The Let­ter - At Last!

The let­ter to re­open cor­rup­tion cases against Pres­i­dent Zar­dari has fi­nally been writ­ten to the Swiss courts. The end re­sult, how­ever, seems in­creas­ingly un­clear.

Southasia - - Front page - By S.G. Ji­la­nee

In Per­sian there is a proverb, which trans­lates as, “What a clever per­son does, a fool may also do, but af­ter a good deal of trou­ble.” Ben­galis how­ever, are more forth­right. They sim­ply say that a “don­key mud­dies the water be­fore drink­ing.” Both say­ings ap­ply to the government led by the PPP.

A wise per­son would have at once com­plied with the or­ders of the Supreme Court. He would have writ­ten the let­ter to the Swiss government re­quest­ing it to re­open the case into Asif Zar­dari’s al­leged dis­hon­est mil­lions as di­rected. But Prime Min­is­ter Syed Yousuf Raza Gi­lani, was not among them. He lacked the vi­sion and the in­tel­lec­tual ca­pac­ity to judge. For him, per­sonal loy­alty to the pres­i­dent en­joyed pri­or­ity over obe­di­ence to the law. He there­fore, de­murred and dithered. He cited pres­i­den­tial im­mu­nity. But im­mu­nity could be in­voked in the event of in­dict­ment for a crim­i­nal of­fence. In the in­stant case the apex court had only or­dered the government to write a let­ter to the Swiss government. This did not amount to any crim­i­nal pro­ceed­ing per se. The dis­tinc­tion be­tween ac­tual trial and mak­ing a re­quest through a let­ter to re­open the in­quiry was, how­ever, lost on Gi­lani.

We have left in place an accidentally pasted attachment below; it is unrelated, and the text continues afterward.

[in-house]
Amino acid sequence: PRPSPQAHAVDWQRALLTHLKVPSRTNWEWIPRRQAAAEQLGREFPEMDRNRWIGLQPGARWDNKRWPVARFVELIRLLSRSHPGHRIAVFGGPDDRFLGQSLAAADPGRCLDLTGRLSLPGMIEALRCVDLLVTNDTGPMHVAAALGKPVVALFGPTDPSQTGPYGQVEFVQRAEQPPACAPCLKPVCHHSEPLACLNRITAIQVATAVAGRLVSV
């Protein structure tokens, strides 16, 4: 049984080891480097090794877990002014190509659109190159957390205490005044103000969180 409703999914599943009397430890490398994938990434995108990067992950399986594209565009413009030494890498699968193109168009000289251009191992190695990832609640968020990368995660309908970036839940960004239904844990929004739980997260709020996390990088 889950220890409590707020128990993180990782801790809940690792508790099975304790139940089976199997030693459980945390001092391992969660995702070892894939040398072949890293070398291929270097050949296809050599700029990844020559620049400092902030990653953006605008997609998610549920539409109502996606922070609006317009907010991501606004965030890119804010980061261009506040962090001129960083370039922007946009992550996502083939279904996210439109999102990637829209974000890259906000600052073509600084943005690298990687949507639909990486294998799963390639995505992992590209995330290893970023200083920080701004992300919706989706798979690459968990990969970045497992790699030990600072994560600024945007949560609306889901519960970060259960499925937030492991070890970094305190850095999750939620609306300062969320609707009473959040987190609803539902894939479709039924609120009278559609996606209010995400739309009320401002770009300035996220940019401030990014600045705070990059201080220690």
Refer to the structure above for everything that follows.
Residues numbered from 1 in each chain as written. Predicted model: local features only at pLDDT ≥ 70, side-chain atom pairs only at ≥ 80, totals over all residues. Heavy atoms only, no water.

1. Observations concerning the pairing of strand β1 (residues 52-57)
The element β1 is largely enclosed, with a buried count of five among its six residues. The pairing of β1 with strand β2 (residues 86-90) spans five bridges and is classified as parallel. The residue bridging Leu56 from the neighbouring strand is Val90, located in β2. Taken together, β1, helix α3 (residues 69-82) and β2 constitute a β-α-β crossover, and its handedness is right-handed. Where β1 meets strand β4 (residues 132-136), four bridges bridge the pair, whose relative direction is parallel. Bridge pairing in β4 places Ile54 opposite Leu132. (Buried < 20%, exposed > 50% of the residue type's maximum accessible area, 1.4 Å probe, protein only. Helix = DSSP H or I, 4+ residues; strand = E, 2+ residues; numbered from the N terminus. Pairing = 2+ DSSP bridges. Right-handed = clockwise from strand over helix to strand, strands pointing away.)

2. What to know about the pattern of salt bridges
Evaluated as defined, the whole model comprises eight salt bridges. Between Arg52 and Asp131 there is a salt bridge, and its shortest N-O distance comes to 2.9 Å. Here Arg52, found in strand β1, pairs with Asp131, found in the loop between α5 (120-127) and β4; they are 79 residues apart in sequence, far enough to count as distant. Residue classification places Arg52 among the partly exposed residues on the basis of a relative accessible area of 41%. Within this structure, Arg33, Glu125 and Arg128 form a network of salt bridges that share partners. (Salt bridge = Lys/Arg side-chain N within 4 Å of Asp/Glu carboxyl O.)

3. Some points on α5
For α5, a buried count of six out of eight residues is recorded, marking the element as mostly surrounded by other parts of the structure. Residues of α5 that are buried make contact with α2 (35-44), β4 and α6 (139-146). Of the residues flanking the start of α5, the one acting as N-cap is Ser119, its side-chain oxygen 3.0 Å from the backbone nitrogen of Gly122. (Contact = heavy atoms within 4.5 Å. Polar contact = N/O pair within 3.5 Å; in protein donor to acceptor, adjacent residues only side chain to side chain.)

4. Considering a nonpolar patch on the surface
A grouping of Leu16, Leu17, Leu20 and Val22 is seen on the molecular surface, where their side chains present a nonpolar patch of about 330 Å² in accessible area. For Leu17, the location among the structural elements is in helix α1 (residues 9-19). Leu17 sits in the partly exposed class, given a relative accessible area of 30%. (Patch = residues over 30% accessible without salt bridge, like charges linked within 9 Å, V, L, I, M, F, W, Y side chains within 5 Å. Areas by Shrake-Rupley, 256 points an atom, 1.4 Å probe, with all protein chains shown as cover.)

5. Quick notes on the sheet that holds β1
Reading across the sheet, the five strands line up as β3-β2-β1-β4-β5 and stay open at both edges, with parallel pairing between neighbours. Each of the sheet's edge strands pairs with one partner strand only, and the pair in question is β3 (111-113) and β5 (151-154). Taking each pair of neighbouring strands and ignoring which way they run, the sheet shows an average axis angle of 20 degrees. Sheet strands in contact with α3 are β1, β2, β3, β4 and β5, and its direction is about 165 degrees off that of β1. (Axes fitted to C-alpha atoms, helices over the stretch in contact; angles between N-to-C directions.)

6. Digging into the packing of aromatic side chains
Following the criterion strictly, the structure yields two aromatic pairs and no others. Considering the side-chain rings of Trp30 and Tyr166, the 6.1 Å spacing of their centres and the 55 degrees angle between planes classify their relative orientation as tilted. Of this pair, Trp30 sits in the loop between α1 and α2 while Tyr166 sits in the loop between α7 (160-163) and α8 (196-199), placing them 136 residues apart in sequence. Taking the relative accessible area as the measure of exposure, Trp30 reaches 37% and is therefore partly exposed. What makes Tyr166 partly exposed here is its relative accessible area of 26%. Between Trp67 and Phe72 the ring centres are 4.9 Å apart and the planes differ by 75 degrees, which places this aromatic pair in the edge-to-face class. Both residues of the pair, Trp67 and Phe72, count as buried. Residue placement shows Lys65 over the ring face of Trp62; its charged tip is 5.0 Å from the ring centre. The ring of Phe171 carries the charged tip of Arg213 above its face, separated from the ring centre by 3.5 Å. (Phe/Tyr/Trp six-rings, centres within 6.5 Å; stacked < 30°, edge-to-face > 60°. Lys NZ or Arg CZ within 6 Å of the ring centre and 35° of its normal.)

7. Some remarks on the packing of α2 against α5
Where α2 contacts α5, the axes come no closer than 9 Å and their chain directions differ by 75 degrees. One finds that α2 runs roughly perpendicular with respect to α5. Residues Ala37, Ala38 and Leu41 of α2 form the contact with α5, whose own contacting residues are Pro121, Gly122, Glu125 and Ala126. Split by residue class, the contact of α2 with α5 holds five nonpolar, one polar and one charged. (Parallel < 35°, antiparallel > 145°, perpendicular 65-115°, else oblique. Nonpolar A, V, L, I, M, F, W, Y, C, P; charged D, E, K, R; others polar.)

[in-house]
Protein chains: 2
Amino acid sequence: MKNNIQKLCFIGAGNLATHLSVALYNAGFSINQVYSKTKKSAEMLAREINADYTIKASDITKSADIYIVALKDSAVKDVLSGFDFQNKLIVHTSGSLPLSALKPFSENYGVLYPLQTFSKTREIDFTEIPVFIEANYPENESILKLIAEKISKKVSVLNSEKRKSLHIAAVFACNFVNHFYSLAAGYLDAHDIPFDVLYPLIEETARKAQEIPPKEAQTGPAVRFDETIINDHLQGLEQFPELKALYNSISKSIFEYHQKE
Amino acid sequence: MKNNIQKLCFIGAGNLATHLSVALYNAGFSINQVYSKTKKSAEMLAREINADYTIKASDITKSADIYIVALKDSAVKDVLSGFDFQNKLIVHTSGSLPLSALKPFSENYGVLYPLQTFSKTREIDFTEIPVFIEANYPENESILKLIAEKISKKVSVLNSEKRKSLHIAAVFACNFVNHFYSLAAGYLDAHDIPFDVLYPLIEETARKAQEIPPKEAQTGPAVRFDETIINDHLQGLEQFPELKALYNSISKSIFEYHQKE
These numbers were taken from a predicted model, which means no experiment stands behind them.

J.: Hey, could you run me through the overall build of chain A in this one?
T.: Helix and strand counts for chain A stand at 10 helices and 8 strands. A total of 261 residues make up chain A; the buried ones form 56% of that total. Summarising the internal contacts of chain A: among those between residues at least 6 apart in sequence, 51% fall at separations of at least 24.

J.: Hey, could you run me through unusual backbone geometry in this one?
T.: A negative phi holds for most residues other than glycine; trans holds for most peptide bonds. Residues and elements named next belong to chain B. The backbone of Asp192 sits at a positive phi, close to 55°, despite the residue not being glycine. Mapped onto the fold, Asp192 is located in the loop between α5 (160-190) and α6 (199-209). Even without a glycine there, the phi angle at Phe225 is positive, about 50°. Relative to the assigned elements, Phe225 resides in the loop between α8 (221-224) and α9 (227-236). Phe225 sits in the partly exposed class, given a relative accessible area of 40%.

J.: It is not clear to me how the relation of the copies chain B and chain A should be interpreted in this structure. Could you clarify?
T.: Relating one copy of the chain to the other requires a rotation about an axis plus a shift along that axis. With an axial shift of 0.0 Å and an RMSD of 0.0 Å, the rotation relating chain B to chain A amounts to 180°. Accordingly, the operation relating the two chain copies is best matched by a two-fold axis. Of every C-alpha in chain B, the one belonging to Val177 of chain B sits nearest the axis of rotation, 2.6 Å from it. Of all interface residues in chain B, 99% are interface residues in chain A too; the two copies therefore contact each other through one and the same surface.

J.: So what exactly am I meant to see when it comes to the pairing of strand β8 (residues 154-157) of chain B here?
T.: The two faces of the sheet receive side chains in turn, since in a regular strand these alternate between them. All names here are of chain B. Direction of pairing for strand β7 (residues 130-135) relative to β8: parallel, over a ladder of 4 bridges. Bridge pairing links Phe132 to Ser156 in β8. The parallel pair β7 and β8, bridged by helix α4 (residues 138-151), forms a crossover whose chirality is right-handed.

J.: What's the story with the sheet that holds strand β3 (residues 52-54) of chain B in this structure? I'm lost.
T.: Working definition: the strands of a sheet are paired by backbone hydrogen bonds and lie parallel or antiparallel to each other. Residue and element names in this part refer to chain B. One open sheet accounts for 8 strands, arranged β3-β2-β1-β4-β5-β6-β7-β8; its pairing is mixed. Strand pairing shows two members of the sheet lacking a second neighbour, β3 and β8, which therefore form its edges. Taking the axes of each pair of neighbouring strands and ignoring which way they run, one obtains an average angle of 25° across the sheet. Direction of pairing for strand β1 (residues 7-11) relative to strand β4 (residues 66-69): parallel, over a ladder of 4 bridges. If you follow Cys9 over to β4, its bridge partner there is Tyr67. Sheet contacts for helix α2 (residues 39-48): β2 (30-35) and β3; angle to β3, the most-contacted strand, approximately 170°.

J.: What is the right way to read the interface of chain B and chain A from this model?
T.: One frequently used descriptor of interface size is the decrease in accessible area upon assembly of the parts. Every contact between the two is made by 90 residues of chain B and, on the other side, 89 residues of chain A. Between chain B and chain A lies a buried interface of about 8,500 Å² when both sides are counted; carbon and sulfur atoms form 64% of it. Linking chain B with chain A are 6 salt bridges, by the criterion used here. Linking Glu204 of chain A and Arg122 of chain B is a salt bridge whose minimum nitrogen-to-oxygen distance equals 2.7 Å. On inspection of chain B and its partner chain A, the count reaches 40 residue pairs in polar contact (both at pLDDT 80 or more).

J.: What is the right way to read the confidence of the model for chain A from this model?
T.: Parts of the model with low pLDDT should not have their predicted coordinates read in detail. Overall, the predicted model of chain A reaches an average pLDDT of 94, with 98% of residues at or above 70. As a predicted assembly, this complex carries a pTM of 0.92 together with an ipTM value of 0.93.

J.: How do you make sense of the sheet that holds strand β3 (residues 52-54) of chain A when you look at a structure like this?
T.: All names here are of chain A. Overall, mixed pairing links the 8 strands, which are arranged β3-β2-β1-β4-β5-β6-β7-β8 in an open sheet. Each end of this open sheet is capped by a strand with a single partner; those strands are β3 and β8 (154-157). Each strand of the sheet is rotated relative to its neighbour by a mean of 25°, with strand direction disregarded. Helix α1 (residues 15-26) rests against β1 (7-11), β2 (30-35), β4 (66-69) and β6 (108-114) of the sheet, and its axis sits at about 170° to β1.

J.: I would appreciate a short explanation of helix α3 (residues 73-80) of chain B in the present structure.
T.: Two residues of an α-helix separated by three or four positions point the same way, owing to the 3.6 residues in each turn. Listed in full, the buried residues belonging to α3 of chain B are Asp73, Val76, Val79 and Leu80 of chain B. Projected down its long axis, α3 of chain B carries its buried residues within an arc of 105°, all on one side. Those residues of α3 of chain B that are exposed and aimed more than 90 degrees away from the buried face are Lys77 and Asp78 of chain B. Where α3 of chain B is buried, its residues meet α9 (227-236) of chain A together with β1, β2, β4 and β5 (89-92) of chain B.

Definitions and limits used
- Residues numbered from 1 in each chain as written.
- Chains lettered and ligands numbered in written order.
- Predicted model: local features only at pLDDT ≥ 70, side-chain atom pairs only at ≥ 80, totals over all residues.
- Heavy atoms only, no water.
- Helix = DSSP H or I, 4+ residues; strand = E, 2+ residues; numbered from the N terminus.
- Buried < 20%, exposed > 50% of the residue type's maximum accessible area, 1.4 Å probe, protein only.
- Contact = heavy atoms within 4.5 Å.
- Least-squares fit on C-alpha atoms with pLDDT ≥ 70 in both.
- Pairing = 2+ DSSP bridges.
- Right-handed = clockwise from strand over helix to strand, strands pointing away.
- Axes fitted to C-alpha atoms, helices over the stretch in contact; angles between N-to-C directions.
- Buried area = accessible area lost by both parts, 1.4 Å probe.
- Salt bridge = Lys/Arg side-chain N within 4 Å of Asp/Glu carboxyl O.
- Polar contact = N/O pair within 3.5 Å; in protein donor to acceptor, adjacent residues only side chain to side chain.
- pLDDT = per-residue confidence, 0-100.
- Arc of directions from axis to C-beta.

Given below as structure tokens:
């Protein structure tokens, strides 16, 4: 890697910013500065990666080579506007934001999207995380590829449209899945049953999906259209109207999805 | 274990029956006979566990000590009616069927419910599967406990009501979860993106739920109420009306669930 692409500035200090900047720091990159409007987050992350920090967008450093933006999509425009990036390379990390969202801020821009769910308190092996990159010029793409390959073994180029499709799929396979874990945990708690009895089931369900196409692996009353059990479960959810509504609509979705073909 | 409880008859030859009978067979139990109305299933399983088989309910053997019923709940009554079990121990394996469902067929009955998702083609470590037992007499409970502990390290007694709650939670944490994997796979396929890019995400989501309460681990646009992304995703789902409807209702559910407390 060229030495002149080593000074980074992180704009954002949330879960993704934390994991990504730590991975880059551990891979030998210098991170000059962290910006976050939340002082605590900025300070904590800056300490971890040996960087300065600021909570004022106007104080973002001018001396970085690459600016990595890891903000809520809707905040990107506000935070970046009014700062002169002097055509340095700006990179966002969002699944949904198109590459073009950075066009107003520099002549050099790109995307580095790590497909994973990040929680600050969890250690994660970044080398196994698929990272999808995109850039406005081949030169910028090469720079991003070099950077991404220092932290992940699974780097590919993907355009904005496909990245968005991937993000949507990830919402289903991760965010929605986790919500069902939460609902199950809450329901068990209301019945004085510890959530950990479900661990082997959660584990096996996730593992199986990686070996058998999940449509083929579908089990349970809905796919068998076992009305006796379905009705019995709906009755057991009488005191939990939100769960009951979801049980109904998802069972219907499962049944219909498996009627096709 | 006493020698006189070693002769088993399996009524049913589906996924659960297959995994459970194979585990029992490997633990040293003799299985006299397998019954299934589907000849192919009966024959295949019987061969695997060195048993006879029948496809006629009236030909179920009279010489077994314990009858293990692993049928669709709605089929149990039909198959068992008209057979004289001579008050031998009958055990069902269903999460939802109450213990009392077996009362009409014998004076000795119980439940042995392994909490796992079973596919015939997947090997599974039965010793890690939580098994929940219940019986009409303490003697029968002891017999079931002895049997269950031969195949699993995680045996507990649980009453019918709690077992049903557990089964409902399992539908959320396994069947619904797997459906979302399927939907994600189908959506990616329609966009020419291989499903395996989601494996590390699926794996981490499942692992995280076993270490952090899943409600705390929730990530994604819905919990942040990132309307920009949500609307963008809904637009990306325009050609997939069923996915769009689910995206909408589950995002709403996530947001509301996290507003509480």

The Supreme Court there­fore stuck to its or­der. Ul­ti­mately when he had no ar­gu­ment left to pro­cras­ti­nate fur­ther and it ap­peared that he was in no mood to com­ply, it charged Gi­lani for con­tempt. Even then he failed to grasp the full im­port of the cri­sis be­fore him.

Adopt­ing a defiant pos­ture, Gi­lani went to ap­pear be­fore the Court and did so in a pro­ces­sion thus politi­ciz­ing the is­sue. Be­sides spir­ited speeches in the

Shura de­fend­ing his stand on the sub­ject, he even aired the mat­ter in pub­lic meet­ings. Ex­plain­ing his ac­tion, Gi­lani said at the Ba­hawalpur Is­lamic Univer­sity con­vo­ca­tion on March 15, that be­cause writ­ing the let­ter would be trea­son, which car­ried death penalty, while not writ­ing it would en­tail a six month jail, “It’s bet­ter to face six months’ im­pris­on­ment than face the death sen­tence.”

Ear­lier the same day at a pub­lic meet- ing at Mailsi, he said he was prime min­is­ter, not a peon, in oblique re­minder to the Court that he could not be or­dered around. To some ob­servers such an­tics re­vived the me­mory of Bholu Pa­hal­wan danc­ing be­fore Inoke in a taunt­ing mode, only to be crushed when push came to shove.

For his de­fense, Gi­lani hired bar­ris­ter Aitezaz Ah­san. In­stead of coun­sel­ing him to com­ply, Gi­lani’s at­tor­ney re­sorted to otiose an­tics, lac­ing the myth of Gi­lani’s re­spectabil­ity with re­li­gious over­tones, by in­vok­ing his sta­tus as the “gaddi nasheen” at a saint’s dar­gah.

Their lord­ships how­ever re­mained unim­pressed. Ul­ti­mately Prime Min­is­ter Yousuf Raza Gi­lani was sen­tenced to im­pris­on­ment till the ris­ing of the court. Though the penalty was sym­bolic, last­ing only a few min­utes, it left Gi­lani to­tally dev­as­tated.

In a moment he was trans­formed from hero to zero. Gone was not only his of­fice as prime min­is­ter but he even

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